According to Wendy Dannels, a research faculty member in NTID’s Center on Access Technology and one of the project coordinators, the solution provides a visual display showing transcription and/or illustration of the coxswain’s commands. The application was developed to help the athletes synchronize with the coxswain by using a custom Automatic Speech Recognition engine. The engine is offline so the deaf and hard-of-hearing athletes can utilize the technology without internet connection.
In addition to Dannels, project team members are Steven McClusky, a fourth-year software engineering student from Blue Springs, Mo.; Joseph Stanislow, instructional/support faculty member, NTID Information and Computing Studies; and Brian Trager, associate director of the NTID Center on Access Technology.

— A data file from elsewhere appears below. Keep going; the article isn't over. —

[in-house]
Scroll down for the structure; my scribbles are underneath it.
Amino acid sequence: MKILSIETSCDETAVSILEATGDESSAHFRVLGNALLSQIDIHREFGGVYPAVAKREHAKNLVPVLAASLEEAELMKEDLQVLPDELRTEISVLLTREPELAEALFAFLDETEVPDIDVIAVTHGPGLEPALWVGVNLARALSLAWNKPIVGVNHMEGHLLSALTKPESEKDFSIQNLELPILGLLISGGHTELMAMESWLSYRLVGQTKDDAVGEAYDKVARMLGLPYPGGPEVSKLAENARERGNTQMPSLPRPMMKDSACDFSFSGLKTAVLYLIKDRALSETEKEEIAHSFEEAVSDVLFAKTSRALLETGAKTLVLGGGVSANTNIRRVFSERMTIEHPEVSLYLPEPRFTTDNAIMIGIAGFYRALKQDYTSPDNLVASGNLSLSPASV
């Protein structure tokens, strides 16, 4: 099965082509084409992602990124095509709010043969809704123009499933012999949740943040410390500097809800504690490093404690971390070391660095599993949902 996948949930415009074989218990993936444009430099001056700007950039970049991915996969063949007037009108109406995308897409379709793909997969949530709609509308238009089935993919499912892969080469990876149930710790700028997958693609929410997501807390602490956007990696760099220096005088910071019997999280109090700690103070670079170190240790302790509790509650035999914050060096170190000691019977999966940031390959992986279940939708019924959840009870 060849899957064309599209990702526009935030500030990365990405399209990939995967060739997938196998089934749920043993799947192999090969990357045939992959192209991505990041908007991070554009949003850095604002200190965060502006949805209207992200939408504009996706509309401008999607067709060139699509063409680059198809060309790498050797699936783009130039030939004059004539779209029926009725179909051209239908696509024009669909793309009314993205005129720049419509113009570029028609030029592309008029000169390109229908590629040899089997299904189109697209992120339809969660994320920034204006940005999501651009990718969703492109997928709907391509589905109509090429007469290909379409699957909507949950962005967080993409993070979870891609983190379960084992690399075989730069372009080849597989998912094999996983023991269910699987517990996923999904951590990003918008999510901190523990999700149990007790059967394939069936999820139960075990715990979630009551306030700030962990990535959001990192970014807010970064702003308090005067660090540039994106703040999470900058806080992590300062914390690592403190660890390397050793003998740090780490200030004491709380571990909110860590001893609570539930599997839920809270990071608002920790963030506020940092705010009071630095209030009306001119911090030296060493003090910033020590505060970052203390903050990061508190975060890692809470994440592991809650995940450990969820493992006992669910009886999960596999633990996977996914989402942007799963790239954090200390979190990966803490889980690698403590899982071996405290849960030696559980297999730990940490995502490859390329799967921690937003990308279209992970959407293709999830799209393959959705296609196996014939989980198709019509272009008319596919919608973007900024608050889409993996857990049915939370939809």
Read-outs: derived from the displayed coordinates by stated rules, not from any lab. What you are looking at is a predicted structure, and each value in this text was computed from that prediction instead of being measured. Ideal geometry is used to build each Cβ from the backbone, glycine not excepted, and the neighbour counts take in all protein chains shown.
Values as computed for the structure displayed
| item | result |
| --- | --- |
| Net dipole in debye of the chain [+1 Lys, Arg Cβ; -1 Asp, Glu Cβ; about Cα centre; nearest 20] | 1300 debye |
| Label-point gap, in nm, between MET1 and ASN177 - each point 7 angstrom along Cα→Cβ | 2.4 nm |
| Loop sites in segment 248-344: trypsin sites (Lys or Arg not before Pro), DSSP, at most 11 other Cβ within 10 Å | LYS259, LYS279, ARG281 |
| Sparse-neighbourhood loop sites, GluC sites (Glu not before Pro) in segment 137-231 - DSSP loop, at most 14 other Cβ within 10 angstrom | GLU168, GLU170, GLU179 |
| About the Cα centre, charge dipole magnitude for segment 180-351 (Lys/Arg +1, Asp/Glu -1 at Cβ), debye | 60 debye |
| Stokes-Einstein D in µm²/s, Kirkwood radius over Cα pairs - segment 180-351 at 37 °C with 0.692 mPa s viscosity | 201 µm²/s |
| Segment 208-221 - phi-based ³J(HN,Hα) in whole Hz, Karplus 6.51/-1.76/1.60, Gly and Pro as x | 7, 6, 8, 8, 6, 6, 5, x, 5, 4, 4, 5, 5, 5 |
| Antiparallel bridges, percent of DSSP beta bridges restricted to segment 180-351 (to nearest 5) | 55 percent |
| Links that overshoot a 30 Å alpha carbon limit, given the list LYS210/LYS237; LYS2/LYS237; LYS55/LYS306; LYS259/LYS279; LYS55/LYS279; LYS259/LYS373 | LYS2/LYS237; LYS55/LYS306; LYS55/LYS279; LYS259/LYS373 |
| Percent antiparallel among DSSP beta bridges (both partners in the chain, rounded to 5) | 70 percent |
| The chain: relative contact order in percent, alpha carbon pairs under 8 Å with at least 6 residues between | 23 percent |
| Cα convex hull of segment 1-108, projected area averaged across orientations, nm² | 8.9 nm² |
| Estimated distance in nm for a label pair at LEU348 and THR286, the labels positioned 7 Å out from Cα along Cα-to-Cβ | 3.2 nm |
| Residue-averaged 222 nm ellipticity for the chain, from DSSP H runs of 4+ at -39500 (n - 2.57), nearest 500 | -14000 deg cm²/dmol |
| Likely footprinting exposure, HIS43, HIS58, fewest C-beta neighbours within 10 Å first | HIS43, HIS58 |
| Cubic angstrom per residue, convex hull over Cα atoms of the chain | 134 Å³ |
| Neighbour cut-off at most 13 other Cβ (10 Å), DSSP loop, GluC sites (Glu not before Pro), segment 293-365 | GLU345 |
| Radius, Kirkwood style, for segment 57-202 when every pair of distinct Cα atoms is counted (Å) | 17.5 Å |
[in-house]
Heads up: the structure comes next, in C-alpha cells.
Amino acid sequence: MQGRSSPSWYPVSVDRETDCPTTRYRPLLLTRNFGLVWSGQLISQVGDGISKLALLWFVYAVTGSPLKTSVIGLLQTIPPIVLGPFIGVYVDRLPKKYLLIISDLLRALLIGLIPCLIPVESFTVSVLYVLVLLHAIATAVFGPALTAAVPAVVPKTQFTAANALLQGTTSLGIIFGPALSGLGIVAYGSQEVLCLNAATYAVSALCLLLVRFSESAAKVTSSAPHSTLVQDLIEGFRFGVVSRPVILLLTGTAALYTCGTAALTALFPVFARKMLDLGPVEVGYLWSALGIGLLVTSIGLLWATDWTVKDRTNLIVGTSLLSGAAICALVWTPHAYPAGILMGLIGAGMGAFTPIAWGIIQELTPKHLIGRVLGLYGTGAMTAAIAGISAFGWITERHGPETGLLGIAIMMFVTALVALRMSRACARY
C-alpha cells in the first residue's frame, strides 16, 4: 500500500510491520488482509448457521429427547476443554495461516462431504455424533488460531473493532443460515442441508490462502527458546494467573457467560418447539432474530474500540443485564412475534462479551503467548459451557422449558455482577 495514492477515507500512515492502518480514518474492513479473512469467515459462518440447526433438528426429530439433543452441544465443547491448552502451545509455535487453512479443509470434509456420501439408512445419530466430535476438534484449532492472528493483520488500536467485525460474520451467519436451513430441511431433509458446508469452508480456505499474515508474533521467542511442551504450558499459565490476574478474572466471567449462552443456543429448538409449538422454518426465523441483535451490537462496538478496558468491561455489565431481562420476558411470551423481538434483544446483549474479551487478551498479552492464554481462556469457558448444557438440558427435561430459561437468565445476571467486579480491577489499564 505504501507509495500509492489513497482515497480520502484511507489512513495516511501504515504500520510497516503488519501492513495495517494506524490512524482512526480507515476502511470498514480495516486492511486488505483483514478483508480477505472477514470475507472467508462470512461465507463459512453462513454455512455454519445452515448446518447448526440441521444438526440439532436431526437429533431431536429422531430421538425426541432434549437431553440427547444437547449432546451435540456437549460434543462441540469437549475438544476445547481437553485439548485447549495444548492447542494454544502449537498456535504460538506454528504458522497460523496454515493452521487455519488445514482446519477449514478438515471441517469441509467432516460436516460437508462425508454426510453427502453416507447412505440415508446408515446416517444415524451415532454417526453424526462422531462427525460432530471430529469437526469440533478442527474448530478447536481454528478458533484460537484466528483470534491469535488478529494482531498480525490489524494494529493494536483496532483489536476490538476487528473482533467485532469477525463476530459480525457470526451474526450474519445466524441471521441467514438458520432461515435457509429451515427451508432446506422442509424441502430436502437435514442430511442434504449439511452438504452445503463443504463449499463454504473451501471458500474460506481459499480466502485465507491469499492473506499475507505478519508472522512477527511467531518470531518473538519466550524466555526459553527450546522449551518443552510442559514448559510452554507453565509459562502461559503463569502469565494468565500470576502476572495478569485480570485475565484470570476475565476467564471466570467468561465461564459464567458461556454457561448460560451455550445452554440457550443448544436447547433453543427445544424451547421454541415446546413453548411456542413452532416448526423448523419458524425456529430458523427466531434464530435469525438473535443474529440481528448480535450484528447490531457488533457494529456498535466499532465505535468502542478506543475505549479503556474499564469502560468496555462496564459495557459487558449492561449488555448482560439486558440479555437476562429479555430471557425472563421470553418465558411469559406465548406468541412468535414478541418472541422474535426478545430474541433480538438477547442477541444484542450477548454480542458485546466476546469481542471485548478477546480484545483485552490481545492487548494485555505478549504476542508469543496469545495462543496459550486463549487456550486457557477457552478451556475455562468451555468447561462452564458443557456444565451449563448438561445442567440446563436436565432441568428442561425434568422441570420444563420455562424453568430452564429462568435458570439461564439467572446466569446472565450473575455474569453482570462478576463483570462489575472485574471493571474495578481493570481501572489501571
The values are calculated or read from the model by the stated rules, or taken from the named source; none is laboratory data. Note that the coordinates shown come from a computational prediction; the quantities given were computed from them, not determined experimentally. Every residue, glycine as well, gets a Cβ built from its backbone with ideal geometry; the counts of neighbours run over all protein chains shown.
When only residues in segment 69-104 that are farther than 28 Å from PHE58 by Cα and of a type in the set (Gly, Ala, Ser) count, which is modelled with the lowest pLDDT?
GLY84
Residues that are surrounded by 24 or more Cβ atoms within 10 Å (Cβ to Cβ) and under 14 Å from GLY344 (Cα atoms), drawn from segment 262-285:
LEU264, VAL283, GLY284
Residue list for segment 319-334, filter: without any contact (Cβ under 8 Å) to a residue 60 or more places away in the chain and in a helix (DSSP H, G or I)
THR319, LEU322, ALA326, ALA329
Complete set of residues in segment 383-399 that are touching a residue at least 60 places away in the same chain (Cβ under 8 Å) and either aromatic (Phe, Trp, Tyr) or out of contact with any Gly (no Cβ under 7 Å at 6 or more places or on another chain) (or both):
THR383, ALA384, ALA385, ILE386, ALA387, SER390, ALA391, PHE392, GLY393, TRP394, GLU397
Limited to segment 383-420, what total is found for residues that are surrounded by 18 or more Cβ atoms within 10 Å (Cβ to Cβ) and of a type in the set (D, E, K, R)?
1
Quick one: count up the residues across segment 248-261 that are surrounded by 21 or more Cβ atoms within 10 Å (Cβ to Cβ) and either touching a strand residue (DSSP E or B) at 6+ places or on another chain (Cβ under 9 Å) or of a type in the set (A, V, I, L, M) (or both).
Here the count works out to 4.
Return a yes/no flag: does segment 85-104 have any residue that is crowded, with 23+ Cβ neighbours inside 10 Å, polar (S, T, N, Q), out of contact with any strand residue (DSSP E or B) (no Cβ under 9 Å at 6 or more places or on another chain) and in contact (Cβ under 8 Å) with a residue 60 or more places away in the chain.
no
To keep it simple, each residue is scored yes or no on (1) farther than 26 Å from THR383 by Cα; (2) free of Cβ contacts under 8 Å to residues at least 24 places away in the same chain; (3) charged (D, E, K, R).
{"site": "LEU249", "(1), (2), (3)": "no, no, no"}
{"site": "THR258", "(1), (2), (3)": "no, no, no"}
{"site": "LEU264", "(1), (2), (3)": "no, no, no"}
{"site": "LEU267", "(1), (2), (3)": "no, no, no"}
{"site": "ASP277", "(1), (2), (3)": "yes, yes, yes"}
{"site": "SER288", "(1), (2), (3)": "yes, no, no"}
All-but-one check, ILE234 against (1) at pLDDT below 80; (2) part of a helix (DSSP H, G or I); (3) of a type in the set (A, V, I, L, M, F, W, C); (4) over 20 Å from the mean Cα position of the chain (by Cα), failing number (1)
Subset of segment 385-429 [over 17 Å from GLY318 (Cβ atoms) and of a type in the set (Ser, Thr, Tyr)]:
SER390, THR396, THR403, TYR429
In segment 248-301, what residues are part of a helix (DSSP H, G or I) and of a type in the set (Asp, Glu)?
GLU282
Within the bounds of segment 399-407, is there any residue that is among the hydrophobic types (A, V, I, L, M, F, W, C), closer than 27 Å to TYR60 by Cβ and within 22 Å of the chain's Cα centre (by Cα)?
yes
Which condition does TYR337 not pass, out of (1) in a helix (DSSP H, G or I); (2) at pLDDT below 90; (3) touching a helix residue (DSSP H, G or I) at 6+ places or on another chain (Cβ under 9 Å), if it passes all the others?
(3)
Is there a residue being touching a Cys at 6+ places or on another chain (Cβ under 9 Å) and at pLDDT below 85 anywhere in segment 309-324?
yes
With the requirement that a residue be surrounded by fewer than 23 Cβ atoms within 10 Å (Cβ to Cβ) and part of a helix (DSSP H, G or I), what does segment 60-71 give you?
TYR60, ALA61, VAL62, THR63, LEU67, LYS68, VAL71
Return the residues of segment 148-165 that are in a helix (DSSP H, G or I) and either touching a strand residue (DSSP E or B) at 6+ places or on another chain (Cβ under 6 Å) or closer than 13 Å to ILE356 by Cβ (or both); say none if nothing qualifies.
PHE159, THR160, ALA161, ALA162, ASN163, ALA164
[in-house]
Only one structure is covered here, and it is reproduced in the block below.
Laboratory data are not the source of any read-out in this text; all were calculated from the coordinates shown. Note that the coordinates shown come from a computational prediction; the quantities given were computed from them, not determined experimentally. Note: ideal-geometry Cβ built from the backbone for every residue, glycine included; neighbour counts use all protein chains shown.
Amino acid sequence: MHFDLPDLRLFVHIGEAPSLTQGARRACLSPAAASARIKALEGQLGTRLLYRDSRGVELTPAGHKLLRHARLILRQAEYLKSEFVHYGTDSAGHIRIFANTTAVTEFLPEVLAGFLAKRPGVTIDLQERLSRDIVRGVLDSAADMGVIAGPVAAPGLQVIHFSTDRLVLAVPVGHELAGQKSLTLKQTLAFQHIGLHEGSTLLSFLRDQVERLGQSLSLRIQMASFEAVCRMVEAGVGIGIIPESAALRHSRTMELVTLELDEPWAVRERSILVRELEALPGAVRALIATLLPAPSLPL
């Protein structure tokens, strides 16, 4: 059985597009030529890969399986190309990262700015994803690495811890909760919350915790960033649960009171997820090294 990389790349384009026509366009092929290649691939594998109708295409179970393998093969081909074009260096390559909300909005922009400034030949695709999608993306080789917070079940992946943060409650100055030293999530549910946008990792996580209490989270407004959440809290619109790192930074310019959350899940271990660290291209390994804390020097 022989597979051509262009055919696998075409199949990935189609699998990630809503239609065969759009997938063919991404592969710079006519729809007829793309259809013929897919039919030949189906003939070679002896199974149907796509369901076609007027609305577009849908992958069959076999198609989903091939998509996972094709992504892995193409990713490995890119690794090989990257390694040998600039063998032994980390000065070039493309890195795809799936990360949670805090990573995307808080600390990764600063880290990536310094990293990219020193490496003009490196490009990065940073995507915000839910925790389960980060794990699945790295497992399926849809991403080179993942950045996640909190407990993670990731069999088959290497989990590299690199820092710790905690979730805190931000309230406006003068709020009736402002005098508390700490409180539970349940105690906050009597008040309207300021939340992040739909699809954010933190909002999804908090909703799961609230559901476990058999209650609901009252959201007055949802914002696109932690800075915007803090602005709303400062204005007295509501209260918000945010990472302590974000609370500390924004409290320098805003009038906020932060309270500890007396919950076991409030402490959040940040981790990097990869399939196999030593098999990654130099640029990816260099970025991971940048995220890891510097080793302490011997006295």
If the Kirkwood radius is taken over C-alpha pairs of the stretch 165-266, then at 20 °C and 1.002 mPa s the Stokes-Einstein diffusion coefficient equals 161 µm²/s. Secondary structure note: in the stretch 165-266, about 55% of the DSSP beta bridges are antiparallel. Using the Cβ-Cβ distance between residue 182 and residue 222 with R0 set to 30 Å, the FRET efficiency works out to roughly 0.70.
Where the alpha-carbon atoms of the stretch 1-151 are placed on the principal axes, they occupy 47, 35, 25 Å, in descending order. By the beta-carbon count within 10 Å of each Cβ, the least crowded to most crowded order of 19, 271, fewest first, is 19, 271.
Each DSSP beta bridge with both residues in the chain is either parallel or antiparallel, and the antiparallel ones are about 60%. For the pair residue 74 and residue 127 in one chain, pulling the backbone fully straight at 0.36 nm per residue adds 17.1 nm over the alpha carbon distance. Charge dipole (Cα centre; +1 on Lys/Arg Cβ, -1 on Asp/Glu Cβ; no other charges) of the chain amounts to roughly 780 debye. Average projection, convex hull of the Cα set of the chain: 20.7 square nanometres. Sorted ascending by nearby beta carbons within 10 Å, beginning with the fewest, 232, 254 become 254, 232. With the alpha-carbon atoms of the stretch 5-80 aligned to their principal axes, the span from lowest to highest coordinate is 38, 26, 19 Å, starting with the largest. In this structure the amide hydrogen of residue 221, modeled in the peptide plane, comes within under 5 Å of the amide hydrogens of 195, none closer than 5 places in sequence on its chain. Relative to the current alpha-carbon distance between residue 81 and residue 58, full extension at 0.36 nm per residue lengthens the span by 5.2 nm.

For eight weeks this summer, Rochester Institute of Technology’s National Technical Institute for the Deaf will be home to the first all-deaf cohort of the National Science Foundation’s Research Experience for Undergraduates (REU), bringing deaf and hard-of-hearing students from across the country together to do research.
The cohort of three RIT/NTID students, and one student each from the University of California, Berkeley; Eckerd College in St. Petersburg, Florida; Gallaudet University in Washington, D.C.; Ohlone College in Freemont, California; Youngstown State University in Youngstown, Ohio and Western Oregon University in Monmouth, Oregon, includes six women and three men, all of whom are deaf or hard-of-hearing.